29. 29. Corcoran RB, Ebi H, Turke AB, Coffee EM, Nishino M, Cogdill AP, et al. EGFR-mediated re-activation of MAPK signaling contributes to insensitivity of BRAF mutant colorectal cancers to RAF inhibition with vemurafenib. Cancer Discov. 2012;2(3):227–35. Epub 2012/03/27. doi: 10.1158/2159-8290.CD-11-0341 pmid:22448344; PubMed Central PMCID: PMC3308191.
  30. 30. Straussman R, Morikawa T, Shee K, Barzily-Rokni M, Qian ZR, Du J, et al. Tumour micro-environment elicits innate resistance to RAF inhibitors through HGF secretion. Nature. 2012;487(7408):500–4. Epub 2012/07/06. doi: 10.1038/nature11183 pmid:22763439; PubMed Central PMCID: PMC3711467.
  31. 31. Shi H, Hugo W, Kong X, Hong A, Koya RC, Moriceau G, et al. Acquired resistance and clonal evolution in melanoma during BRAF inhibitor therapy. Cancer Discov. 2014;4(1):80–93. Epub 2013/11/23. doi: 10.1158/2159-8290.CD-13-0642 pmid:24265155; PubMed Central PMCID: PMC3936420.
  32. 32. Van Allen EM, Wagle N, Sucker A, Treacy DJ, Johannessen CM, Goetz EM, et al. The genetic landscape of clinical resistance to RAF inhibition in metastatic melanoma. Cancer Discov. 2014;4(1):94–109. Epub 2013/11/23. doi: 10.1158/2159-8290.CD-13-0617 pmid:24265153; PubMed Central PMCID: PMC3947264.
  33. 33. McCubrey JA, Steelman LS, Bertrand FE, Davis NM, Sokolosky M, Abrams SL, et al. GSK-3 as potential target for therapeutic intervention in cancer. Oncotarget. 2014;5(10):2881–911. pmid:24931005; PubMed Central PMCID: PMCPMC4102778. doi: 10.18632/oncotarget.2037
  34. 34. Kim KB, Flaherty KT, Chapman PB, Sosman JA, Ribas A, McArthur GA, et al. Pattern and outcome of disease progression in phase I study of vemurafenib in patients with metastatic melanoma (MM). J Clin Oncol. 2011;29(suppl; abstr 8519).
  35. 35. Flaherty K, Daud A, Weber JS, Sosman JA, Kim K, Gonzalez R, et al. Updated overall survival for BRF113220, a phase 1–2 study of dabrafenib alone versus combined dabrafenib and trametinib in pts with BRAF V600 mutation-positive metastatic melanoma. J Clin Oncol. 2014;32(suppl; abstr 9010^).
  36. 36. Gujral TS, Peshkin L, Kirschner MW. Exploiting polypharmacology for drug target deconvolution. Proc Natl Acad Sci U S A. 2014;111(13):5048–53. Epub 2014/04/08. doi: 10.1073/pnas.1403080111 pmid:24707051.
  37. 37. Fallahi-Sichani M, Honarnejad S, Heiser LM, Gray JW, Sorger PK. Metrics other than potency reveal systematic variation in responses to cancer drugs. Nat Chem Biol. 2013;9(11):708–14. Epub 2013/09/10. doi: 10.1038/nchembio.1337 pmid:24013279.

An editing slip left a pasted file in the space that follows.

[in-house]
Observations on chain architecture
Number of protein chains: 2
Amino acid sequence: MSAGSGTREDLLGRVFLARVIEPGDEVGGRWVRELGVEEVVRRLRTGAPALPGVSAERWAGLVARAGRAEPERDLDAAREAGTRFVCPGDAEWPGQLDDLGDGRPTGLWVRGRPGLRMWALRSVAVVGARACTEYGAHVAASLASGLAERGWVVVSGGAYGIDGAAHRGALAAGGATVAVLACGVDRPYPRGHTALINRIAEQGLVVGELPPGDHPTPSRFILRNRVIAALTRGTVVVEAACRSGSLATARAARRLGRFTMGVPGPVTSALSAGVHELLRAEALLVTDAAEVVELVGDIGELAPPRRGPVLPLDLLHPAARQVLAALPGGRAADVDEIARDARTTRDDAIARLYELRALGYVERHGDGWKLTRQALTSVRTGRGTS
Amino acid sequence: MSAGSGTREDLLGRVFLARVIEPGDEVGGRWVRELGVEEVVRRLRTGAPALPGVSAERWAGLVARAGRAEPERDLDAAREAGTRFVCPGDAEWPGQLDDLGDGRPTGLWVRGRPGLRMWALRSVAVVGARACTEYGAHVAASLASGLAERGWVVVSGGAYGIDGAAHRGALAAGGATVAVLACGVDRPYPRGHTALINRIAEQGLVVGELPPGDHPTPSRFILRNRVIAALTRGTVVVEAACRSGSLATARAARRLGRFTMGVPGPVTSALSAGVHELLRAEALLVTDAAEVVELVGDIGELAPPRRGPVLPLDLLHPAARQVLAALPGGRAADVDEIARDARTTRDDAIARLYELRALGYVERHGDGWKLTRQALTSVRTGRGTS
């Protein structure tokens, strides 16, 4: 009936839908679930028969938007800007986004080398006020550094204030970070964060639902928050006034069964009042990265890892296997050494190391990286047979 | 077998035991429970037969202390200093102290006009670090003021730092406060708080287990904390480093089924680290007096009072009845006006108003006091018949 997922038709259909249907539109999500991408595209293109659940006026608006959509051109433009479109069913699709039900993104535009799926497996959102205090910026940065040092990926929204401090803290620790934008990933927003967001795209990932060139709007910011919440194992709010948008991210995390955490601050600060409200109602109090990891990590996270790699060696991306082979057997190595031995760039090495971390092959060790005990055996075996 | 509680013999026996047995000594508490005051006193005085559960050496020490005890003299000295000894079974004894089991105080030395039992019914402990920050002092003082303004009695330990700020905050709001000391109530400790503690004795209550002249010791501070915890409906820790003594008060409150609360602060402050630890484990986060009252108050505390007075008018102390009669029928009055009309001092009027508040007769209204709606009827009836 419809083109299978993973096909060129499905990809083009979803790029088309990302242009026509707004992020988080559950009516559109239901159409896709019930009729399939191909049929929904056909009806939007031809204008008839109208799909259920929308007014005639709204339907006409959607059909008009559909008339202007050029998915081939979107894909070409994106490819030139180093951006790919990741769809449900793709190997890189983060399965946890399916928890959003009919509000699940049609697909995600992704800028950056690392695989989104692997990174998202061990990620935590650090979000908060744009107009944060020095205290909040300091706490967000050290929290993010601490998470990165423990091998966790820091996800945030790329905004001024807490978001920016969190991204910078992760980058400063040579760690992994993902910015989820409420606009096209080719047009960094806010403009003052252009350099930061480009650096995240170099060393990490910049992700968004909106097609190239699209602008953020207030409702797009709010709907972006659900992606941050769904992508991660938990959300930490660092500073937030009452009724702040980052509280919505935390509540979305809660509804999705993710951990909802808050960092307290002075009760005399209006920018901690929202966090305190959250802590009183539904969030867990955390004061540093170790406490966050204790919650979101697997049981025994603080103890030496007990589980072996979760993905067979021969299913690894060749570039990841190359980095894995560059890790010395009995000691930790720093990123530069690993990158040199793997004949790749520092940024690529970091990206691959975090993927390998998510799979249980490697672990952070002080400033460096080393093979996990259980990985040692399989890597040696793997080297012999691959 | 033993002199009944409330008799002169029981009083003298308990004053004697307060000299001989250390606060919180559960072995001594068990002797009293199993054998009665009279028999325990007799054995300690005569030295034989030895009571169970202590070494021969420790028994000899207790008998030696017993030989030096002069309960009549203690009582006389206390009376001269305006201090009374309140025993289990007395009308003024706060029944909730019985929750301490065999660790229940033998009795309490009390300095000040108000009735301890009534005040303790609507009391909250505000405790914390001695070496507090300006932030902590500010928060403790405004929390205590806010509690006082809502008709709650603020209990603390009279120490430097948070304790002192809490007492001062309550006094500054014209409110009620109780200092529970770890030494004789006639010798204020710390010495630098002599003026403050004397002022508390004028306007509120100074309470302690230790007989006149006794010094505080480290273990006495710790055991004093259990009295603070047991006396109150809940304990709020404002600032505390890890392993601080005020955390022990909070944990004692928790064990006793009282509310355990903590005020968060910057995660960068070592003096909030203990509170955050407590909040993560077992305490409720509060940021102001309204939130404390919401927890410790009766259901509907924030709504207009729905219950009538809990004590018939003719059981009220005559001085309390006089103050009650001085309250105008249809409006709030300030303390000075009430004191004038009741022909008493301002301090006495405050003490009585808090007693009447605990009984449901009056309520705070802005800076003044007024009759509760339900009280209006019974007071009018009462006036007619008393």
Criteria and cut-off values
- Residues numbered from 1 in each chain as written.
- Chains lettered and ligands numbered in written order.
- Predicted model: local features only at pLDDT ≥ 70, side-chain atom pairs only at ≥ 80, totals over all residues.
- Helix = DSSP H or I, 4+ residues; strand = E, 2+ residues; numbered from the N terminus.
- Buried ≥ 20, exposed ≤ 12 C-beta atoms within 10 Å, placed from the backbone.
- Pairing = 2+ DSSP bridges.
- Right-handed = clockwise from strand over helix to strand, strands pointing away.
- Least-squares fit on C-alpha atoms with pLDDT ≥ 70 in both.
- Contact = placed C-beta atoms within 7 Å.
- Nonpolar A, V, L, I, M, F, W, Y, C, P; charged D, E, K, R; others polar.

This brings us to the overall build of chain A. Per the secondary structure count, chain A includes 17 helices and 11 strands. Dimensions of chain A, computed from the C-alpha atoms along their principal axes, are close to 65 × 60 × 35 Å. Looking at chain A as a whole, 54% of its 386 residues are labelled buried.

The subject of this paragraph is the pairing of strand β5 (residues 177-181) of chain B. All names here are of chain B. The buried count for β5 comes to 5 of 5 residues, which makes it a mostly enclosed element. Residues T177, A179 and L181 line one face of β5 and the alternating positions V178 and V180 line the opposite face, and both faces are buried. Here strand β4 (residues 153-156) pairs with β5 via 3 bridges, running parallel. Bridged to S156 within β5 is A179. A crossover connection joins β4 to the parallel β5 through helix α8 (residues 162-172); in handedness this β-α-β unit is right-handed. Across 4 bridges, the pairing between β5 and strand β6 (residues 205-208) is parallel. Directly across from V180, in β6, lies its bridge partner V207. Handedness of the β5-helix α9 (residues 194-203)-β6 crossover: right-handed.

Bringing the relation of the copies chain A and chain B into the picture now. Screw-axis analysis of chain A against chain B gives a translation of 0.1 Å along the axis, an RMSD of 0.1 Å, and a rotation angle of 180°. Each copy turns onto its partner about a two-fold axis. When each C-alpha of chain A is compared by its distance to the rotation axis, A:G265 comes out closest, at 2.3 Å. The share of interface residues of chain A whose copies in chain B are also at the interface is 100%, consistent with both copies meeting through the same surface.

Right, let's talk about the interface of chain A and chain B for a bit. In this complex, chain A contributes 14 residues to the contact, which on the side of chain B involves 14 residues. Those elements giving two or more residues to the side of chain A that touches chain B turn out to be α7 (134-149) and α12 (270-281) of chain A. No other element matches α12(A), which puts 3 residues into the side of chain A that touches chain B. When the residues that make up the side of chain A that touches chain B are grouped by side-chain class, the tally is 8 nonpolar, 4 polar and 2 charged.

38. 38. Lehar J, Stockwell BR, Giaever G, Nislow C. Combination chemical genetics. Nat Chem Biol. 2008;4(11):674–81. Epub 2008/10/22. doi: nchembio.120 [pii] doi: 10.1038/nchembio.120 pmid:18936752; PubMed Central PMCID: PMC2712875.
  39. 39. Cerami E, Gao J, Dogrusoz U, Gross BE, Sumer SO, Aksoy BA, et al. The cBio cancer genomics portal: an open platform for exploring multidimensional cancer genomics data. Cancer Discov. 2012;2(5):401–4. doi: 10.1158/2159-8290.CD-12-0095 pmid:22588877; PubMed Central PMCID: PMCPMC3956037.
  40. 40. Kendrew J, Odedra R, Logie A, Taylor PJ, Pearsall S, Ogilvie DJ, et al. Anti-tumour and anti-vascular effects of cediranib (AZD2171) alone and in combination with other anti-tumour therapies. Cancer chemotherapy and pharmacology. 2013;71(4):1021–32. Epub 2013/01/29. doi: 10.1007/s00280-013-2097-x pmid:23355042.
  41. 41. Takahashi O, Komaki R, Smith PD, Jurgensmeier JM, Ryan A, Bekele BN, et al. Combined MEK and VEGFR inhibition in orthotopic human lung cancer models results in enhanced inhibition of tumor angiogenesis, growth, and metastasis. Clin Cancer Res. 2012;18(6):1641–54. Epub 2012/01/26. doi: 10.1158/1078-0432.CCR-11-2324 pmid:22275507; PubMed Central PMCID: PMC3306446.
  42. 42. Goel HL, Mercurio AM. VEGF targets the tumour cell. Nat Rev Cancer. 2013;13(12):871–82. Epub 2013/11/23. doi: 10.1038/nrc3627 pmid:24263190.
  43. 43. Satyamoorthy K, DeJesus E, Linnenbach AJ, Kraj B, Kornreich DL, Rendle S, et al. Melanoma cell lines from different stages of progression and their biological and molecular analyses. Melanoma Res. 1997;7 Suppl 2:S35–42. Epub 1997/08/01. pmid:9578415. doi: 10.1097/00008390-199708001-00007
  44. 44. Lin WM, Baker AC, Beroukhim R, Winckler W, Feng W, Marmion JM, et al. Modeling genomic diversity and tumor dependency in malignant melanoma. Cancer Res. 2008;68(3):664–73. Epub 2008/02/05. doi: 68/3/664 [pii] doi: 10.1158/0008-5472.CAN-07-2615 pmid:18245465.
  45. 45. Saeed AI, Sharov V, White J, Li J, Liang W, Bhagabati N, et al. TM4: a free, open-source system for microarray data management and analysis. BioTechniques. 2003;34(2):374–8. pmid:12613259.